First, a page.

Greetings from Kenya!

Kate Brown
Class of: 

I have recently returned from my week-long rural homestay in the agricultural region of Nyeri. This portion of the Kenya Semester Program allowed me to become fully immersed with a Kenyan family. I was completely separated from all the other students and had no contact with the outside world during my homestay. This provided me the opportunity to truly become part of the family and become familiar with Kenyan culture. The families we all stayed with are Kikuyu, which is the largest ethnic group in Kenya.

 My homestay family genuinely treated me like their daughter. I had my own household responsibilities, yet my parents and siblings made sure that everything was going smoothly throughout the day.  My host father is the head teacher of a primary school, and my mother is a small business owner. They have six children, ranging from ages 5 to 28. I was lucky enough to meet all six, but mainly lived with my 5-year-old sister, 18-year-old brother and 25-year-old brother. I taught them card games and during the evening we played for hours.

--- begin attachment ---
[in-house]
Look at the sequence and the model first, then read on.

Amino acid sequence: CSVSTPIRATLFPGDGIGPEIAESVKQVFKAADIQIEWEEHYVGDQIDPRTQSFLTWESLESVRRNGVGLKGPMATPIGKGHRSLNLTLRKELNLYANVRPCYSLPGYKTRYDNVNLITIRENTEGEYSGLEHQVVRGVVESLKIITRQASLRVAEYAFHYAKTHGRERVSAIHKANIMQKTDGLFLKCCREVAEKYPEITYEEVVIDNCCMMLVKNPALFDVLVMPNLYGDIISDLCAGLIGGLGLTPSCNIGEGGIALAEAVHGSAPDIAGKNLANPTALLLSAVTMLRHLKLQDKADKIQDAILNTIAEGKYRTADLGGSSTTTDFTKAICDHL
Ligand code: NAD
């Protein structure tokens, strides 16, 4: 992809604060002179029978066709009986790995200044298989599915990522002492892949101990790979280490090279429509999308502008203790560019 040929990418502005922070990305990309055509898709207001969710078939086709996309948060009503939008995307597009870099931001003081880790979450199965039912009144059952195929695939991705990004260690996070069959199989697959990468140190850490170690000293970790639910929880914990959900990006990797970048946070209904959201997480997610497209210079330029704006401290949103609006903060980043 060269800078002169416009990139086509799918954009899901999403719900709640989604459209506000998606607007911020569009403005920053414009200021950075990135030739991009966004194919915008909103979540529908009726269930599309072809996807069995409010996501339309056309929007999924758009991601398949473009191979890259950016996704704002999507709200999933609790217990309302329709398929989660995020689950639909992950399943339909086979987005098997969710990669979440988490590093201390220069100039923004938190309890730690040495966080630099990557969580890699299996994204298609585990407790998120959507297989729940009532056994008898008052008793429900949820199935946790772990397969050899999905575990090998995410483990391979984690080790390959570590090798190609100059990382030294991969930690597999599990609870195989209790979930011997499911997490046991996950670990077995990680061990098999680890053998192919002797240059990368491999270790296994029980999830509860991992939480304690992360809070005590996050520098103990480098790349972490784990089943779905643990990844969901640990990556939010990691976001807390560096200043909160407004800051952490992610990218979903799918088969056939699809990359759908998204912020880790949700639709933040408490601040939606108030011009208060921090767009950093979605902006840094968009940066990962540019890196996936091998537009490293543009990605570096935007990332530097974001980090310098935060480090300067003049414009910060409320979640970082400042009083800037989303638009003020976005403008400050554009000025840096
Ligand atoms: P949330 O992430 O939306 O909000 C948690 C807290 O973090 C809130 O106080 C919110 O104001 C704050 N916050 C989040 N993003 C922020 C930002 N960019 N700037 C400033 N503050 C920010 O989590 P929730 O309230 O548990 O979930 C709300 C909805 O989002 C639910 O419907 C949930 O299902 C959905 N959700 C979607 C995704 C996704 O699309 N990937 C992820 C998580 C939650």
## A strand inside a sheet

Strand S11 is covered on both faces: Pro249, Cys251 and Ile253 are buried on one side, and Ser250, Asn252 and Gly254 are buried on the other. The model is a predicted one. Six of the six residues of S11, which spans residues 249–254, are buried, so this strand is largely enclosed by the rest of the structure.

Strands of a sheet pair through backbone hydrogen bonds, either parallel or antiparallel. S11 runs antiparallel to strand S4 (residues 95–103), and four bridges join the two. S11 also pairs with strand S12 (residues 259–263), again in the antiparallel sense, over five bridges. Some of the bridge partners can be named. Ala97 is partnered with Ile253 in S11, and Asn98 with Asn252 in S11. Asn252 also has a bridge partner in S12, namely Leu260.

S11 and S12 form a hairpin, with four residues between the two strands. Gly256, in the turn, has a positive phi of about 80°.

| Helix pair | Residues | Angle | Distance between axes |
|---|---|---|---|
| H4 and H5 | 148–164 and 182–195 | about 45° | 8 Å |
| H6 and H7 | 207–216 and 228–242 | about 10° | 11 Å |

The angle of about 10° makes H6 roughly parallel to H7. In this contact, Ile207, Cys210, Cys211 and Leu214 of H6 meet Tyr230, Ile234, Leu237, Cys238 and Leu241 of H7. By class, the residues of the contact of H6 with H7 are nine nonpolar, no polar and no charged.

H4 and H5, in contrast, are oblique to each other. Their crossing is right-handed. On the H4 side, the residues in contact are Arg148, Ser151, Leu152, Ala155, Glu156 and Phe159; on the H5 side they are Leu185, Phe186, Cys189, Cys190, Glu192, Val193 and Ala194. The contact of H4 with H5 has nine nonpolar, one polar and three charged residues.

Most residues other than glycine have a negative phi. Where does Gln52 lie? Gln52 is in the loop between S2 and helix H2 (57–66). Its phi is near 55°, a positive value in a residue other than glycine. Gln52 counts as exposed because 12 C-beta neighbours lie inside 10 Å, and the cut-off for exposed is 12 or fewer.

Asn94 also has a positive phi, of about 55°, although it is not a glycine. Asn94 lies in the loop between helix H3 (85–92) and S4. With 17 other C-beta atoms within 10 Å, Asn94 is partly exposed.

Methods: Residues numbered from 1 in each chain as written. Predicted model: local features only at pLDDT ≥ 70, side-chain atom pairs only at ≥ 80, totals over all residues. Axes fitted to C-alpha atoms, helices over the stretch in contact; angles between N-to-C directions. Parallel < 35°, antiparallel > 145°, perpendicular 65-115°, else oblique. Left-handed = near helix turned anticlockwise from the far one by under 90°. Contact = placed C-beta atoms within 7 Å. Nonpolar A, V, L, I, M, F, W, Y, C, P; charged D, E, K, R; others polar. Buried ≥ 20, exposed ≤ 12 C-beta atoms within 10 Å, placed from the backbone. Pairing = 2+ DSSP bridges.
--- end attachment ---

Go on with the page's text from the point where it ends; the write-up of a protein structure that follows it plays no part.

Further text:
My brothers, sisters and parents taught me so much, including how to plant a banana tree and how to make a traditional Kikuyu dish called “mokimo,” which is a mixture of maize, beans, greens and potatoes. I had the opportunity to visit the Kenyan Courts with my host brother and visit my father’s school, where I met with dozens of giggling children. I attended a Full Gospel church service of around 250 people, and stood up front to introduce myself to the entire Congregation. Everywhere I went, the people of Nyeri received me warmly and made me feel most welcome.

 Studying abroad has been a fantastic way to broaden my mind and engage in new experiences. For those who are interest in a full-immersion rural opportunity unlike an other, I highly recommend the Kenya Semester Program.